Note: in the short while since writing this article and it going live, I checked my Google Discover traffic again. In the same timeframe (showing the past 6 months’ of data), I went from 2.92k impressions to, most recently, over 9,000 impressions with almost 400 clicks.

This is a sure-fire sign for me that now Google trusts my site enough, it will start trying me out on Google Discover – if my CTR doesn’t slip too much, that is…

But anyway, previous to the above edit. My best-performing day was Friday, Jun 19 2020 when I got 334 impressions and 21 clicks. So, was that within days of the article being published? No. 

Strangely, the article, according to the ‘Pages’ data below, was this one: The wedding tax – the REAL reason wedding vendors charge more. It was published on March 6 2020, months prior. 

What caused this spike? I can’t say with any certainty. Google also has very little to say on it – you don’t get any analytics that help you understand how you got on Discover! All I did was create great (even if I do say so), long-form (it was 4,300 words) original content myself that was extensively researched as well as personal.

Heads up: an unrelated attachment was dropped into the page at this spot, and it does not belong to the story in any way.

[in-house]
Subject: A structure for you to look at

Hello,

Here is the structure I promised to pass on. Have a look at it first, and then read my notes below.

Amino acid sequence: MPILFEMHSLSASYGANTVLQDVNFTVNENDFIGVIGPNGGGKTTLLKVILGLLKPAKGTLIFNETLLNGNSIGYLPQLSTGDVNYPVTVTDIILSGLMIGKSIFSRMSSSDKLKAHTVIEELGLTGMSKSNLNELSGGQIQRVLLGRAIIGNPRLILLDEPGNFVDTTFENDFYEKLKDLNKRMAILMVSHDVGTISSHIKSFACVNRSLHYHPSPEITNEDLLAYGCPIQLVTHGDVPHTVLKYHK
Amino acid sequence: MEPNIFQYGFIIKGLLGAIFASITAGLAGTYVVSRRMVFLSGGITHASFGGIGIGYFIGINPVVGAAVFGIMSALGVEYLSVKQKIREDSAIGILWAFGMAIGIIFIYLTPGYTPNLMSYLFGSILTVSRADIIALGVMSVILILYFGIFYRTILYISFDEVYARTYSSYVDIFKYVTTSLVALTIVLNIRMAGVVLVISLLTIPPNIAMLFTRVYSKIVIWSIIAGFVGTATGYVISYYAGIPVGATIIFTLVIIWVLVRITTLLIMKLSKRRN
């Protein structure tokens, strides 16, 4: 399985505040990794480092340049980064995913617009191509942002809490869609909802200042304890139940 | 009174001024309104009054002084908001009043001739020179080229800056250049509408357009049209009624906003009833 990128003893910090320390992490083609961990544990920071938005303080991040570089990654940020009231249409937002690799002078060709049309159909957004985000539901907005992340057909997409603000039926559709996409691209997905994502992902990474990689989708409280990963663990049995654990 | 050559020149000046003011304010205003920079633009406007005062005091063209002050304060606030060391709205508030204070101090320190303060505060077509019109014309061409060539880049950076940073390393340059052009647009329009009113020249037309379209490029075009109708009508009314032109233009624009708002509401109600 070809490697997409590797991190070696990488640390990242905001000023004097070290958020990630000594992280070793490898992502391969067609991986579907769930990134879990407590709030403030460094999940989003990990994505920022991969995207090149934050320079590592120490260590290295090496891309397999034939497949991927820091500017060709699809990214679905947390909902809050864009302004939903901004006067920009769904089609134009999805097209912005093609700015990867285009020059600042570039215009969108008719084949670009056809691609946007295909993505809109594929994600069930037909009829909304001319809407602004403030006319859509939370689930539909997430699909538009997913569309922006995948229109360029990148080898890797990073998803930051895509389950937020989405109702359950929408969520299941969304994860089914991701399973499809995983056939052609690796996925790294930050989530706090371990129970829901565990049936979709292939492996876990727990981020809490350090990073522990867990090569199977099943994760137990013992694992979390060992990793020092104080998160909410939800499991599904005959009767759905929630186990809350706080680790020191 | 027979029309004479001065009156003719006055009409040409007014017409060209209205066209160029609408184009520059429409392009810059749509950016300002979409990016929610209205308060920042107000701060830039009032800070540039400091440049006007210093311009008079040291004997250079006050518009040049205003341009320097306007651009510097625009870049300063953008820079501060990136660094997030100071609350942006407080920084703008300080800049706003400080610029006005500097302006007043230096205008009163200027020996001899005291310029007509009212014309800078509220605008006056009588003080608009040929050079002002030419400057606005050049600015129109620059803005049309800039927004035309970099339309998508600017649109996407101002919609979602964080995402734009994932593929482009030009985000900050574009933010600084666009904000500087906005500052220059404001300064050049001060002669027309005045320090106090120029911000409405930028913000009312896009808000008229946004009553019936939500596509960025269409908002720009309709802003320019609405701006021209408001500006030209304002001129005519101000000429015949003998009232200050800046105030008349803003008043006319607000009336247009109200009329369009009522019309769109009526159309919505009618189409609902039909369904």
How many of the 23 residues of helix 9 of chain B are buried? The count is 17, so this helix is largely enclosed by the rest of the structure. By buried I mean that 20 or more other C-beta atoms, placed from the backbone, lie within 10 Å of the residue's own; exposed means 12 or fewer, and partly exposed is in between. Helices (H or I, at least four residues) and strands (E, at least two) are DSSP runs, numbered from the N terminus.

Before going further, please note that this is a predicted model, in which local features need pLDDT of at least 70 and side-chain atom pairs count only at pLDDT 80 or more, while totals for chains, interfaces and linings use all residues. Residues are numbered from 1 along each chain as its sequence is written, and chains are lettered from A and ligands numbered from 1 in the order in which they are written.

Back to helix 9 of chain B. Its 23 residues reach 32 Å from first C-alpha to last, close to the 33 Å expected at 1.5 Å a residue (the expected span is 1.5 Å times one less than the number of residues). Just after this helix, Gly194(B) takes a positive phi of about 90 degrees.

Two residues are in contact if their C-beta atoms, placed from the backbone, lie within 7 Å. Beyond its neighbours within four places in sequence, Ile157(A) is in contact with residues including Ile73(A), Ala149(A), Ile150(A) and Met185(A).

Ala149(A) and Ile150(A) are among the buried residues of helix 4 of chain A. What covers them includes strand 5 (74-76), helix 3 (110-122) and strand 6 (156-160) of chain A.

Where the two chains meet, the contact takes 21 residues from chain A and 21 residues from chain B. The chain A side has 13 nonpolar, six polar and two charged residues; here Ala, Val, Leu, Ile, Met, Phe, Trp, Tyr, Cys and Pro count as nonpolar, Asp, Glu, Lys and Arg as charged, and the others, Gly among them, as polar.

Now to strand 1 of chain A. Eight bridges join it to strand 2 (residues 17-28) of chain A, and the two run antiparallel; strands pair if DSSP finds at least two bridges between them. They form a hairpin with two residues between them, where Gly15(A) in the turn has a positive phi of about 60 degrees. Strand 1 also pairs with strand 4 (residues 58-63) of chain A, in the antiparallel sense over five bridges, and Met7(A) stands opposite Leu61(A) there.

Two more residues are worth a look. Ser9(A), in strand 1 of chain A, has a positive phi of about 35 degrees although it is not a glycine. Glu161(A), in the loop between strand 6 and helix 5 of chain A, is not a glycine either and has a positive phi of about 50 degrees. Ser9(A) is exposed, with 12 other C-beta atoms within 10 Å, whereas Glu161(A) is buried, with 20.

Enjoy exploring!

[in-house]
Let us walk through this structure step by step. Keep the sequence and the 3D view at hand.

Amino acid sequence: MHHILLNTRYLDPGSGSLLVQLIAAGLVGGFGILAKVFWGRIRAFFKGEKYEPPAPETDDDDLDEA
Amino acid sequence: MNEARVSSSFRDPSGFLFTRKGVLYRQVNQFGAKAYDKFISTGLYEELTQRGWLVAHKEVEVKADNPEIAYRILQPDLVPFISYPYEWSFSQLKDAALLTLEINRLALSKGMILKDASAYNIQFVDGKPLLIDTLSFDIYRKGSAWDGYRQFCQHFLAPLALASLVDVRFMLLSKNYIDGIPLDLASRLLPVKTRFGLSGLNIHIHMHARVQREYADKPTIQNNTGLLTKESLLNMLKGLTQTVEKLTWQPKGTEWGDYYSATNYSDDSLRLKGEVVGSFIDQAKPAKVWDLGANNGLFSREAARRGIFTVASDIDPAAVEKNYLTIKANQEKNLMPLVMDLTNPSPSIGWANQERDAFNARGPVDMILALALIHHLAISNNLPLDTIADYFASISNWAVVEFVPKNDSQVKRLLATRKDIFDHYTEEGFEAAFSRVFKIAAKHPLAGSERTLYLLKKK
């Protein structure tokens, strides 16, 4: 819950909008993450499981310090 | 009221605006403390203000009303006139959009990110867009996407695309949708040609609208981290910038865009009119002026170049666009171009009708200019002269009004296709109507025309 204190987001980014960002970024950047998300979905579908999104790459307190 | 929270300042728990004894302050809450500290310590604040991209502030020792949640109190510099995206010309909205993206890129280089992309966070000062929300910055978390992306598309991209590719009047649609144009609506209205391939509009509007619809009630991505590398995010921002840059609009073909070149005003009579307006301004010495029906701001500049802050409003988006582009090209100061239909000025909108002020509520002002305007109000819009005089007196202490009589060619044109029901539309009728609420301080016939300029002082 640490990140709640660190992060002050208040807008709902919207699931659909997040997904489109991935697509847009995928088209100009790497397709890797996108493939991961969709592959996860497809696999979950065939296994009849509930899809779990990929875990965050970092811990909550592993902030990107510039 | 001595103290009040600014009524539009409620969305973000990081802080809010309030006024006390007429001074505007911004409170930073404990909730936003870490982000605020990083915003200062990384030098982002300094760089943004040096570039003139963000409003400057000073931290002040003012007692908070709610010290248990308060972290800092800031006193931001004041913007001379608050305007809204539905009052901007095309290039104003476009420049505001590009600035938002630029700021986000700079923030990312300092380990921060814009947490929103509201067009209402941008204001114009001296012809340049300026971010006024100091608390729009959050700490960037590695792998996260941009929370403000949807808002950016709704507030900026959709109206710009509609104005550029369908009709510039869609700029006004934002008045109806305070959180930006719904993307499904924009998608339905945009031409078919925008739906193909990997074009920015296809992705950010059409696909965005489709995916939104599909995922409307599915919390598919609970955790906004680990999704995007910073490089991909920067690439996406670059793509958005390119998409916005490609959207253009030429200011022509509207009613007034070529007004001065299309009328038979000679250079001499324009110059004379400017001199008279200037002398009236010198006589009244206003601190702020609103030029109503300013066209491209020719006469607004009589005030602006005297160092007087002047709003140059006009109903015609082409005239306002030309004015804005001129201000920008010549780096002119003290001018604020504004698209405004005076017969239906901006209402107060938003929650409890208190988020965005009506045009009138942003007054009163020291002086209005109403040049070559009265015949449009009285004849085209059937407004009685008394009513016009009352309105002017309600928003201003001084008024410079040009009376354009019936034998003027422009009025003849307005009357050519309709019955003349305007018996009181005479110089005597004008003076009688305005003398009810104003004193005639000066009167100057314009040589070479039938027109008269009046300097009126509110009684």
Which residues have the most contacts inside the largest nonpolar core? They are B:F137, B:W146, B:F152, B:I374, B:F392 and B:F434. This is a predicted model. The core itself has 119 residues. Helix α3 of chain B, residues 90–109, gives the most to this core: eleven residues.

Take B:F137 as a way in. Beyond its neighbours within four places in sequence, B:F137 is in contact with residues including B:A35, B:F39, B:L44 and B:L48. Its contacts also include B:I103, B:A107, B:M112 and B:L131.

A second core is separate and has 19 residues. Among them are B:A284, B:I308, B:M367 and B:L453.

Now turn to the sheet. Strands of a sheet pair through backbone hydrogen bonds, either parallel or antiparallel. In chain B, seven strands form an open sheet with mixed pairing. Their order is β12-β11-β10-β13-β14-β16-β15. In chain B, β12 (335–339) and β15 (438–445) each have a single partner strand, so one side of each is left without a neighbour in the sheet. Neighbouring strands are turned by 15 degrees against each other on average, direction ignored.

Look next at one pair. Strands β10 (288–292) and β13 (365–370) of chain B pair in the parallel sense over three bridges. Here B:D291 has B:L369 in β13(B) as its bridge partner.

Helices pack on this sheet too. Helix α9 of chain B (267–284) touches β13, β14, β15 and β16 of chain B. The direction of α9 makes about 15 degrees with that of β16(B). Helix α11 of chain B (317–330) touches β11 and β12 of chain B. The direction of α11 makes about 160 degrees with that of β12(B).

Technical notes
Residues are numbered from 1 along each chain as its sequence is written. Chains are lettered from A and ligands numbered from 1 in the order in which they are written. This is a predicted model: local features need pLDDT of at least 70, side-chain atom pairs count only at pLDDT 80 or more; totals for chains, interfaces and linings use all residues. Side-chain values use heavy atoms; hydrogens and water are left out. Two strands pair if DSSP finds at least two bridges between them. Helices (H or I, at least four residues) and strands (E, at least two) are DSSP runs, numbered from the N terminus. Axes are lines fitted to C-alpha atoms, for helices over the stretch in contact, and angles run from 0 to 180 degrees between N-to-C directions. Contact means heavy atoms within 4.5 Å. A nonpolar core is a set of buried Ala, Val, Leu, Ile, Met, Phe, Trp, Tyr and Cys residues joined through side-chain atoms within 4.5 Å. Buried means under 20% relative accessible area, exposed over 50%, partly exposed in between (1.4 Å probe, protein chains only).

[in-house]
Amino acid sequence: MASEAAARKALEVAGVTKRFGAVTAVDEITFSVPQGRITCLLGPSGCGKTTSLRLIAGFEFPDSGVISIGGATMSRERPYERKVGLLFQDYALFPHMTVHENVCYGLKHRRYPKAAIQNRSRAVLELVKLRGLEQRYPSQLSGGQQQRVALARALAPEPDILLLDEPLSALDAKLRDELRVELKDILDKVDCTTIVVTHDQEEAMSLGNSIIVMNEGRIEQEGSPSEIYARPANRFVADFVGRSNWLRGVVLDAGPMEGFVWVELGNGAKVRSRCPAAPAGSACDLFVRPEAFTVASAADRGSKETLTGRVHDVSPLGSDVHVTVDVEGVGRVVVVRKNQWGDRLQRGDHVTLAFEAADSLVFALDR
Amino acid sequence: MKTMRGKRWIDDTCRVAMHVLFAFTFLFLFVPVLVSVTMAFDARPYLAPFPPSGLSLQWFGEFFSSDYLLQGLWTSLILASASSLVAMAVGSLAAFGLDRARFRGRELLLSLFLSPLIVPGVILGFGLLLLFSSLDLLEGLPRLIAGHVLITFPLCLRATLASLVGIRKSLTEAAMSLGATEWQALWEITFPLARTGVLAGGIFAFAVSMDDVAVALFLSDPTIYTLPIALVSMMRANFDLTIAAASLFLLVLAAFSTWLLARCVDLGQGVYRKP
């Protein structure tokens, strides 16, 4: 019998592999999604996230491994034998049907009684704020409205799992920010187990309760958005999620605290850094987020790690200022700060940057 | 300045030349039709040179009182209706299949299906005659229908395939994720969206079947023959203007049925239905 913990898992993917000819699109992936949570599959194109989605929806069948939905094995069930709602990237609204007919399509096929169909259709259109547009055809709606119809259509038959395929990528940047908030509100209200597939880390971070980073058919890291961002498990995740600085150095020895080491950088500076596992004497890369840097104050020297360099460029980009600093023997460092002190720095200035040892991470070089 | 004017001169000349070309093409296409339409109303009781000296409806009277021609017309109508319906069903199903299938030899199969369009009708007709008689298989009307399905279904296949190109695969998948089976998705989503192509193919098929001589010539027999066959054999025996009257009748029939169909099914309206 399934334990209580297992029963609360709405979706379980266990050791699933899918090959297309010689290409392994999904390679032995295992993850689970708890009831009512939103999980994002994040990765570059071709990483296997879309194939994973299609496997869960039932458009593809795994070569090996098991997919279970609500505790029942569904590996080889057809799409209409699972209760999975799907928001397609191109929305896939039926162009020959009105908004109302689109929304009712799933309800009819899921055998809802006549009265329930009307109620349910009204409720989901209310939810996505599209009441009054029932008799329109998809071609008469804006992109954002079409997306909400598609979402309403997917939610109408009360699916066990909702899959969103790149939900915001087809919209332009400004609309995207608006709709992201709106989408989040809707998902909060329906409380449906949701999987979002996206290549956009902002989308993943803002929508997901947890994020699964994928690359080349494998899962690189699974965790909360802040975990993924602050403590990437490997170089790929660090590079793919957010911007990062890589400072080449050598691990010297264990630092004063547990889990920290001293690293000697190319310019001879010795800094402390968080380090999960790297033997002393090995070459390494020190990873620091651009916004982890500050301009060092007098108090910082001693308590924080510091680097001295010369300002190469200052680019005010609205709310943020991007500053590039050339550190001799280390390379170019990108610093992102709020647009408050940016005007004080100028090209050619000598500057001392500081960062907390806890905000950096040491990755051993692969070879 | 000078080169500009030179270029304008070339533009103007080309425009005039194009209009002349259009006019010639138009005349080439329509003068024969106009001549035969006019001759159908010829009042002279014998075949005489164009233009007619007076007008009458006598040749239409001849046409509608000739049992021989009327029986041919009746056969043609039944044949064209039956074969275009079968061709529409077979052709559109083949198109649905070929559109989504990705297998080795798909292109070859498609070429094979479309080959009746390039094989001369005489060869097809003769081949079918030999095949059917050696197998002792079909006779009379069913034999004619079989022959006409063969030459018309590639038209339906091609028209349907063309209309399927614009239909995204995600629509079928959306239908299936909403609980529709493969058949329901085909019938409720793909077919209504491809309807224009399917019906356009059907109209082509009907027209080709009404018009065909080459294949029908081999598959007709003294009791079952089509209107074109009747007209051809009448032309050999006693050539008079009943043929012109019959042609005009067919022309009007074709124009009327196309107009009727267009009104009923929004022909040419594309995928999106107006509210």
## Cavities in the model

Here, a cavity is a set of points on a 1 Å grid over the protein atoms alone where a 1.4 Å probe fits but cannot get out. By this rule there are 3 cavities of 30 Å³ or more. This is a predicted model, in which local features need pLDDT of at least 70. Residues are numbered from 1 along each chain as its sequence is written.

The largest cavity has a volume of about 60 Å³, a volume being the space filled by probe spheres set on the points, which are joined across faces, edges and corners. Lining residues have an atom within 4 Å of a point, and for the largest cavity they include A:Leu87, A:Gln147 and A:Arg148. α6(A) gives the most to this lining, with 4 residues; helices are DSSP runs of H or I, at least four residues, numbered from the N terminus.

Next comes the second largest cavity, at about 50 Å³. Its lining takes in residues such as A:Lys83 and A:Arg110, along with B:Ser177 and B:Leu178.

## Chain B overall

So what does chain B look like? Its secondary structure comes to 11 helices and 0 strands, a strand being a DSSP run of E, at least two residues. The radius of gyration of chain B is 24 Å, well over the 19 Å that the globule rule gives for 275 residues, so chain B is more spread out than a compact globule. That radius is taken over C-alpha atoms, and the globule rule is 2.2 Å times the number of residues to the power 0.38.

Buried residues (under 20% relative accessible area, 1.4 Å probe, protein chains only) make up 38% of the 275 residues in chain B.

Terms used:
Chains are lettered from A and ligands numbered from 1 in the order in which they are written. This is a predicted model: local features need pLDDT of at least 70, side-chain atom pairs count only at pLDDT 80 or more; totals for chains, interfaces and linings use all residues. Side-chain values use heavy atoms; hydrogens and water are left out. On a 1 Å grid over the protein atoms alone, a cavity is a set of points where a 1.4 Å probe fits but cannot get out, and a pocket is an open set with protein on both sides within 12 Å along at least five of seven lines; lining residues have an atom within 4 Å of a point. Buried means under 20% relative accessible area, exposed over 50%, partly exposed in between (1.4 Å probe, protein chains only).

The post I wrote had little to do with keywords I wanted to target. Sure, I did run an analysis on key phrases, but it wasn’t my ultimate driving force. 

Instead, this was a topic I am uniquely qualified to talk about. I had an opinion that it was important for me to share, as an educator in my industry. It was about putting right genuine misconceptions, speaking up for the wedding industry, and creating a resource that’s helpful for other vendors forced to self-justify. 

Another update – just prior to actually publishing this blog post, I noticed that my Google Discover has blown up again. This time, I can see that there are 5 different posts that have been responsible for the traffic spike. Check out my most recent screenshot: